From a neuroscience perspective, Learning and Instructions are very important part of a child’s brain development. This occurs by continuous interaction of the child with the external world. Studies have shown that Learning to Read enhances the development of the brain in many critical ways.
Infants may have an innate knowledge of the basic structural foundation of language, a sort of universal grammar. The knowledge of the universal grammar seems to disappear after childhood, and an adult can never achieve the same fluency in any new language.
The Effect of Music on Neuroplasticity
Studies have shown that gray matter (cortex) volume was highest in professional musicians, intermediate in amateur musicians, and lowest in non-musicians in several brain areas involved in playing music: motor regions, anterior superior parietal areas and inferior temporal areas.
Music-making engages both halves of the brain equally. By stimulating the left brain, which is the more mathematical, calculating and syntactic hemisphere, and the right, which is the more creative, musicians build a strong corpus callosum, which acts as a neural bridge between the two hemispheres.
Musicians, athletes and quiz bowl champions all have one thing in common: training. Learning to play an instrument or a sport requires time and patience. It is all about steadily mastering new skills.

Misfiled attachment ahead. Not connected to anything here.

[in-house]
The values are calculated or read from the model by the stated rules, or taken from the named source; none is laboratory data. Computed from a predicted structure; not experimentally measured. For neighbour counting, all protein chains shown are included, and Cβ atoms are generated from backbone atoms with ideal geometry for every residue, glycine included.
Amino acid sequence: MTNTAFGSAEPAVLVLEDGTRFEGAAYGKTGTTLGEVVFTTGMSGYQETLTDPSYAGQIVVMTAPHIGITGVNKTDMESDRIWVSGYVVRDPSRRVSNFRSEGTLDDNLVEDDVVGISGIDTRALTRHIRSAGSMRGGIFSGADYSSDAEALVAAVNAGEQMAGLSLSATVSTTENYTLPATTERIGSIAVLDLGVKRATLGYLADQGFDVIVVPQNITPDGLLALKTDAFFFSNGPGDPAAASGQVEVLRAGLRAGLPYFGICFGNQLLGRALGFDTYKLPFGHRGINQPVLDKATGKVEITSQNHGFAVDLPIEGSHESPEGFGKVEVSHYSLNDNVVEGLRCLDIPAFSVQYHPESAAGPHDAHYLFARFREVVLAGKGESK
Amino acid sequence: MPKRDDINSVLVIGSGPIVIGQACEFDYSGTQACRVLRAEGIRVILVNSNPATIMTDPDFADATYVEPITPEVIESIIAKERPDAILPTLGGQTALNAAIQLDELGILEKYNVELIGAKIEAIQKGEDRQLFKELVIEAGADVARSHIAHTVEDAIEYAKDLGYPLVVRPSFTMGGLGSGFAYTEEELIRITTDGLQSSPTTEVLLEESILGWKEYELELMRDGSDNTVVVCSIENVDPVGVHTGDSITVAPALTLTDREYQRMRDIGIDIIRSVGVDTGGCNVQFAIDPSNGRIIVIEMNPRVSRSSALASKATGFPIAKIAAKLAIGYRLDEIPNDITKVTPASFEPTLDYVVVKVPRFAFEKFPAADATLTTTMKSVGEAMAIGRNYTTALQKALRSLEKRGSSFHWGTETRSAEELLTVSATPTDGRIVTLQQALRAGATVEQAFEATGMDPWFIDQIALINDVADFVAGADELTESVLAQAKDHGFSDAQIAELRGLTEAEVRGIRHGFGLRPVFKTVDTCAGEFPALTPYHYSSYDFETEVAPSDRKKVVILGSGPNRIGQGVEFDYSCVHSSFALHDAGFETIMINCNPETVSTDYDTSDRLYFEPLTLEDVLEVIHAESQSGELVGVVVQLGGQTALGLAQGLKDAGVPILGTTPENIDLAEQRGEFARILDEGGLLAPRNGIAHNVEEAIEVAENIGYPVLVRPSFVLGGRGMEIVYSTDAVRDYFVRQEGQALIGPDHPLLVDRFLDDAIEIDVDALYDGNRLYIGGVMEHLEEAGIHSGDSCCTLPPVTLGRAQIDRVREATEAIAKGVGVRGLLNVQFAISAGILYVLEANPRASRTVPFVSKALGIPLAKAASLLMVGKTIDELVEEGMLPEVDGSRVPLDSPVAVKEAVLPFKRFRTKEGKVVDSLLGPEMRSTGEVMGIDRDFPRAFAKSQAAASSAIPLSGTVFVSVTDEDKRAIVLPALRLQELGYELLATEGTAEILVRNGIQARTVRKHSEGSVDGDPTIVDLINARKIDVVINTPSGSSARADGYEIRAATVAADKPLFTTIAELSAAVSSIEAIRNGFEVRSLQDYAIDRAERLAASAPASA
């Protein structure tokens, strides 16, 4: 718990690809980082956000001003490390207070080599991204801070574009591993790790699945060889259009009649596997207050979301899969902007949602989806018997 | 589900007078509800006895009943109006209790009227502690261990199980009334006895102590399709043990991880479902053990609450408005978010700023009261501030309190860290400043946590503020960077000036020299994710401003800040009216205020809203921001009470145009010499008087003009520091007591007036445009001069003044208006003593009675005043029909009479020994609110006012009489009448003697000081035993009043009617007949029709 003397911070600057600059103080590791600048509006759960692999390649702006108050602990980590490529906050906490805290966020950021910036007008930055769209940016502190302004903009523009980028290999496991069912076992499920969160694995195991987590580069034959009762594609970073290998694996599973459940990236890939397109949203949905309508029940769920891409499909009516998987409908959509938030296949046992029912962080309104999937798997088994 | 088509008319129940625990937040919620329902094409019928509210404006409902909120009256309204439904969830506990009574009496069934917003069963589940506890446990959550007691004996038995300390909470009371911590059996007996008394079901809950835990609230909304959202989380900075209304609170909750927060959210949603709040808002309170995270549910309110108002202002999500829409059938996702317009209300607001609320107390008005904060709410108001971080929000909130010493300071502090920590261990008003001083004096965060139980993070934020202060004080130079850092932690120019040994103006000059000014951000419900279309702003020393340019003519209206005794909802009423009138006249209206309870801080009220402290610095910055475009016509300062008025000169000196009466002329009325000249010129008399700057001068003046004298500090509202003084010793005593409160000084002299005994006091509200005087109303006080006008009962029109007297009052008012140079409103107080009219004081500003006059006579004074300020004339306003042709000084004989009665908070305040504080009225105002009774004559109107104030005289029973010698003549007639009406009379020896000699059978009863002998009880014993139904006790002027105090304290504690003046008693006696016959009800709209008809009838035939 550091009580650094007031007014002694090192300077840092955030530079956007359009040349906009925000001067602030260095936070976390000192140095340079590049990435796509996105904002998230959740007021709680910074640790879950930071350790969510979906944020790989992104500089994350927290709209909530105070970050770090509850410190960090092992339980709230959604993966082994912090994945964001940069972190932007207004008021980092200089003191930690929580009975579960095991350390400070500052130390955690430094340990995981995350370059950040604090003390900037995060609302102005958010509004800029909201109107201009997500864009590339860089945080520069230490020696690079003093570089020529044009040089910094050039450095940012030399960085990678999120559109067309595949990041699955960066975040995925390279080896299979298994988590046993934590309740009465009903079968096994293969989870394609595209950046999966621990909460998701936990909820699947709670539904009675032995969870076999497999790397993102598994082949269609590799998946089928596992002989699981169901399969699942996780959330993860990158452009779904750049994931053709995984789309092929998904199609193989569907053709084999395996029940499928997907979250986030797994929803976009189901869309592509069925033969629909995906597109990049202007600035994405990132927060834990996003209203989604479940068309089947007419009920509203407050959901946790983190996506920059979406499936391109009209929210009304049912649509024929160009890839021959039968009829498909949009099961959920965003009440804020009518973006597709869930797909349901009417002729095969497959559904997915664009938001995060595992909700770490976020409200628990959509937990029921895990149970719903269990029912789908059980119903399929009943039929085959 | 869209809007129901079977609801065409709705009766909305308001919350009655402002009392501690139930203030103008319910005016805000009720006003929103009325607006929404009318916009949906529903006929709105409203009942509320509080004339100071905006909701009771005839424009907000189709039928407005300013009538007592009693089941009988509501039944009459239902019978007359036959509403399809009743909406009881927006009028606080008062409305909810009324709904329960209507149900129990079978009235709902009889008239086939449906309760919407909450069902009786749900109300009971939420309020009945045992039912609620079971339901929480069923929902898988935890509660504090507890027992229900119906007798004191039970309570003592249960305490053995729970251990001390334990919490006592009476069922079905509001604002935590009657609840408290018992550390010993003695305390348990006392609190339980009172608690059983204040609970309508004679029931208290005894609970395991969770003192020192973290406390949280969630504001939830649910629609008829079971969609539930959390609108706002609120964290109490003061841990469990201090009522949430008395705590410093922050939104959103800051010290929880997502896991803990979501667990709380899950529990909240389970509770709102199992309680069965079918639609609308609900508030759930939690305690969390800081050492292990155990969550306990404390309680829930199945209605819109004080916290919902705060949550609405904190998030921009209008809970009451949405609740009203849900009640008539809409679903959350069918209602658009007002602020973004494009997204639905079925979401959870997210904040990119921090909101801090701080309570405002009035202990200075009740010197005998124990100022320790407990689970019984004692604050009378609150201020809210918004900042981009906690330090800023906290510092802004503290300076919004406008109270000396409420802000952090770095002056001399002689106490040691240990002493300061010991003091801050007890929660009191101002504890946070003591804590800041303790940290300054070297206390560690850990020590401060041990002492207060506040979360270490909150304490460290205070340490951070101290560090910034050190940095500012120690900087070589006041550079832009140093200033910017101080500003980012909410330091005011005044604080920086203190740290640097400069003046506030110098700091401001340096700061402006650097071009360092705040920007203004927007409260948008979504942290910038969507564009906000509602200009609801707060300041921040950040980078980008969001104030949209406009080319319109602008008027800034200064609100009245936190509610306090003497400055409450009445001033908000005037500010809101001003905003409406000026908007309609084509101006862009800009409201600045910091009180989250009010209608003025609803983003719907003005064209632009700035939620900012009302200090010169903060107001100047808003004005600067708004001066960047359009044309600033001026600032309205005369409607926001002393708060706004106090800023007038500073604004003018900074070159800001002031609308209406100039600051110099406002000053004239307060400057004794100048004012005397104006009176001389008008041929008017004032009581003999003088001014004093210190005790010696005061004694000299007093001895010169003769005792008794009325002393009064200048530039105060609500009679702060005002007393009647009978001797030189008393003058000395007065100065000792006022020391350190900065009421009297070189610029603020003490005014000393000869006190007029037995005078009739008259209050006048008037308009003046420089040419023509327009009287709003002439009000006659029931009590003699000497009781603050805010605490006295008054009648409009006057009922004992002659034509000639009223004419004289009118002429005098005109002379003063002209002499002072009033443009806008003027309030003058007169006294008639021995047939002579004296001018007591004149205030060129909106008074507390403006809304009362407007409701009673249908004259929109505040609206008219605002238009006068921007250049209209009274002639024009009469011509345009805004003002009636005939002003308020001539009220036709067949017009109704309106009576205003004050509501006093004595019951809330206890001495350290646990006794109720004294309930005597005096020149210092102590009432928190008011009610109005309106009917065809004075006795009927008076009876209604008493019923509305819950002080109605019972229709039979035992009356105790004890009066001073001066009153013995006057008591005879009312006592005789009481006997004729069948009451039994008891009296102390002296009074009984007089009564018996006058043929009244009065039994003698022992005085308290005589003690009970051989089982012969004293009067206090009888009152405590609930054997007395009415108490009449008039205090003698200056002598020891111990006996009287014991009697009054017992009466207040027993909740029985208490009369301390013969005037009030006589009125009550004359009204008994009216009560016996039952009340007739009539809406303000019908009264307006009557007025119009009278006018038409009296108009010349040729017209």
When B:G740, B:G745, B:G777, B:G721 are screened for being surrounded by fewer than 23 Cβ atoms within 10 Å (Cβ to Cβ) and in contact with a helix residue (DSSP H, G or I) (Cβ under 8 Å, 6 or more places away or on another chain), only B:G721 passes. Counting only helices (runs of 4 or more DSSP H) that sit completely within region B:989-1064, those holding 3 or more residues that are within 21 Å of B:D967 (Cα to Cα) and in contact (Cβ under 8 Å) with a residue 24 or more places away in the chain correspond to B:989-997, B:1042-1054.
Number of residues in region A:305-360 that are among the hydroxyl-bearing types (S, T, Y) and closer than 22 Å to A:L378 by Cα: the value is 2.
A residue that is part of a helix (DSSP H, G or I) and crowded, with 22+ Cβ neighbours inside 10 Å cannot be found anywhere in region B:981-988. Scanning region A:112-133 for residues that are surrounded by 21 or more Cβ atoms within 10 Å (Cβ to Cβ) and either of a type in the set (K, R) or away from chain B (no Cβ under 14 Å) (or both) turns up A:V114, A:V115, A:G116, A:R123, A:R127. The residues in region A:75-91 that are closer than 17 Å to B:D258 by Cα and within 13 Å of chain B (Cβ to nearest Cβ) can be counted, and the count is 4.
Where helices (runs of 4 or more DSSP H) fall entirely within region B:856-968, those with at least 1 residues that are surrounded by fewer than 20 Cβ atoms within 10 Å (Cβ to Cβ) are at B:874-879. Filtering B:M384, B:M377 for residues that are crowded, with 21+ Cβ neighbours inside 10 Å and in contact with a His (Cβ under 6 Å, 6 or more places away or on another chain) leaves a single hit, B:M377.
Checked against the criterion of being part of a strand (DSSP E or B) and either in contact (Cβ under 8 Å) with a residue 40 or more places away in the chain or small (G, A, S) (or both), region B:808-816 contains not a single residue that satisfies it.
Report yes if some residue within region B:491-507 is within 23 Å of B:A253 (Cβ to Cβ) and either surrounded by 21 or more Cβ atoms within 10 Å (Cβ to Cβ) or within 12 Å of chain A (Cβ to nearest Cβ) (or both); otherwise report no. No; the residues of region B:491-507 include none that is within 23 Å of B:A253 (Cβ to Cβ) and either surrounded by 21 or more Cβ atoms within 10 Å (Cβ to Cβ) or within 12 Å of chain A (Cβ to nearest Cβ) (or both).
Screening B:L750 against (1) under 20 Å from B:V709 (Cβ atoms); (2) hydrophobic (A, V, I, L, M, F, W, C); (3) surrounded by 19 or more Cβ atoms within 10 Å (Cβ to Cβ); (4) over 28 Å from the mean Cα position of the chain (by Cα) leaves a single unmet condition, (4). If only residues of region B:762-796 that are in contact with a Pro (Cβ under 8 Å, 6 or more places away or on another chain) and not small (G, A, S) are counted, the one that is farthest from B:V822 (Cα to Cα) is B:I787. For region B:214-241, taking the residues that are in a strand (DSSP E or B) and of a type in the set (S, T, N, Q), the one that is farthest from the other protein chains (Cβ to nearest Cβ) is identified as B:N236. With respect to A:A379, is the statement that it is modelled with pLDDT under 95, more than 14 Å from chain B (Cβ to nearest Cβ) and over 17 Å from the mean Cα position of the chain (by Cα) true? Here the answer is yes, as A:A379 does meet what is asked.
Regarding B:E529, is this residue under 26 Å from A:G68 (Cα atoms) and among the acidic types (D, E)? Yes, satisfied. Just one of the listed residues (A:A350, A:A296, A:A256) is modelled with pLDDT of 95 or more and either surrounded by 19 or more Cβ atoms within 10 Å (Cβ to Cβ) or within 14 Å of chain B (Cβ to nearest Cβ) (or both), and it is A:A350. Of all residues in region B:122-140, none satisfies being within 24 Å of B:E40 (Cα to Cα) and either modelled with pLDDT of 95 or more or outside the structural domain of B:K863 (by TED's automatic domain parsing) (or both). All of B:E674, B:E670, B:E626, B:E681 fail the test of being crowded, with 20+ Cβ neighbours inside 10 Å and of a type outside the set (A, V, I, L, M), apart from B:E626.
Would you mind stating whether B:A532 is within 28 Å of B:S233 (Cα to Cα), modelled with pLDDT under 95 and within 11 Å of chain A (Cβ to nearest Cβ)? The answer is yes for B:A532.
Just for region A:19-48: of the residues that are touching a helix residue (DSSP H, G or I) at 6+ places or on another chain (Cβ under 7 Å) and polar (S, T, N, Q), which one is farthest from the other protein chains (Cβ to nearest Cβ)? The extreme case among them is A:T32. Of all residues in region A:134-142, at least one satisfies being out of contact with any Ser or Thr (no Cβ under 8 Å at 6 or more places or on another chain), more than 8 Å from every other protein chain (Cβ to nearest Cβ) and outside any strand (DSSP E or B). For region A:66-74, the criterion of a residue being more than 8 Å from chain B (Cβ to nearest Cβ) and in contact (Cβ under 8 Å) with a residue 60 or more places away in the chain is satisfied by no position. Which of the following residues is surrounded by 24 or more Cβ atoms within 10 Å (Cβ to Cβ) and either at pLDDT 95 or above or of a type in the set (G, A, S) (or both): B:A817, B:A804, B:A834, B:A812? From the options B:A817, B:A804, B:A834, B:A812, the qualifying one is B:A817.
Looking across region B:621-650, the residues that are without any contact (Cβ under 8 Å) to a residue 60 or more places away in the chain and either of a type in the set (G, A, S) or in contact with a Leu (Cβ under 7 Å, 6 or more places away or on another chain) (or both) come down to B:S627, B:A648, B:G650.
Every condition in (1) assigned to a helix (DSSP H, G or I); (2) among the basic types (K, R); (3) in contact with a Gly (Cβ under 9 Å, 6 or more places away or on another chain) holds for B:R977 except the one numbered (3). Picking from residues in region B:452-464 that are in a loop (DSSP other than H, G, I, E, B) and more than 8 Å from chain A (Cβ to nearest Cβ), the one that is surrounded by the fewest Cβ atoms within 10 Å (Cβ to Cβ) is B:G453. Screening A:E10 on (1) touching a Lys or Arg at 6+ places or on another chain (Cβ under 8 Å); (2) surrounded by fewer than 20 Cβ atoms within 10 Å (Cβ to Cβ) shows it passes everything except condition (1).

Learning to speak different languages also changes the structure of the Brain. The brain always has the ability to adapt to new situations, such as learning Braille after become blind. The use of specific brain exercises can make the process of adaptation more expedient.
Studies have even shown that 45 minutes of exercise, three days a week, also increases the volume of the brain.
The Power of REPETITION on the Brain :
When children are asked if some false event has occurred, they would correctly say that it has never occurred to them. However, repeated discussion about the same event spread over time, gradually make them believe those events as true occurrences. Hence, specific experiences also change the structure of the brain.
Sleep and Neuroplasticity:
Cells involved in learning new information are most likely to fire in reverse during sleep. The next day, they will be wired more tightly to each other. Although scientists don’t know for certain, it is likely that repeated cycles of reverse firing create a strong network of neurons. The neurons relay information faster and more efficiently. As a result, those networks reflect an improvement in understanding or physical skill.
So the next time you study for a test, start learning new information a few days ahead of time. The night before, give your brain a break and go to bed early. It will allow your brain a chance to cement that new information into its cells. And that should boost your chances of doing well.
The AHA moment :
All of a sudden, in the midst of confusion, you get your answer! Even an “aha!” moment, when something suddenly becomes clear, doesn’t come out of nowhere. Instead, it is the result of a steady accumulation of information. That’s because adding new information opens up memories associated with the task.
Extensive practice can allow a person to perform a task while thinking about other things or about nothing at all. So now that you know the trick, would you influence your brain to change it in a way favorable to you ?
Do let me know your thoughts !!
Click here to know how the nutrients you consume effect your Brain.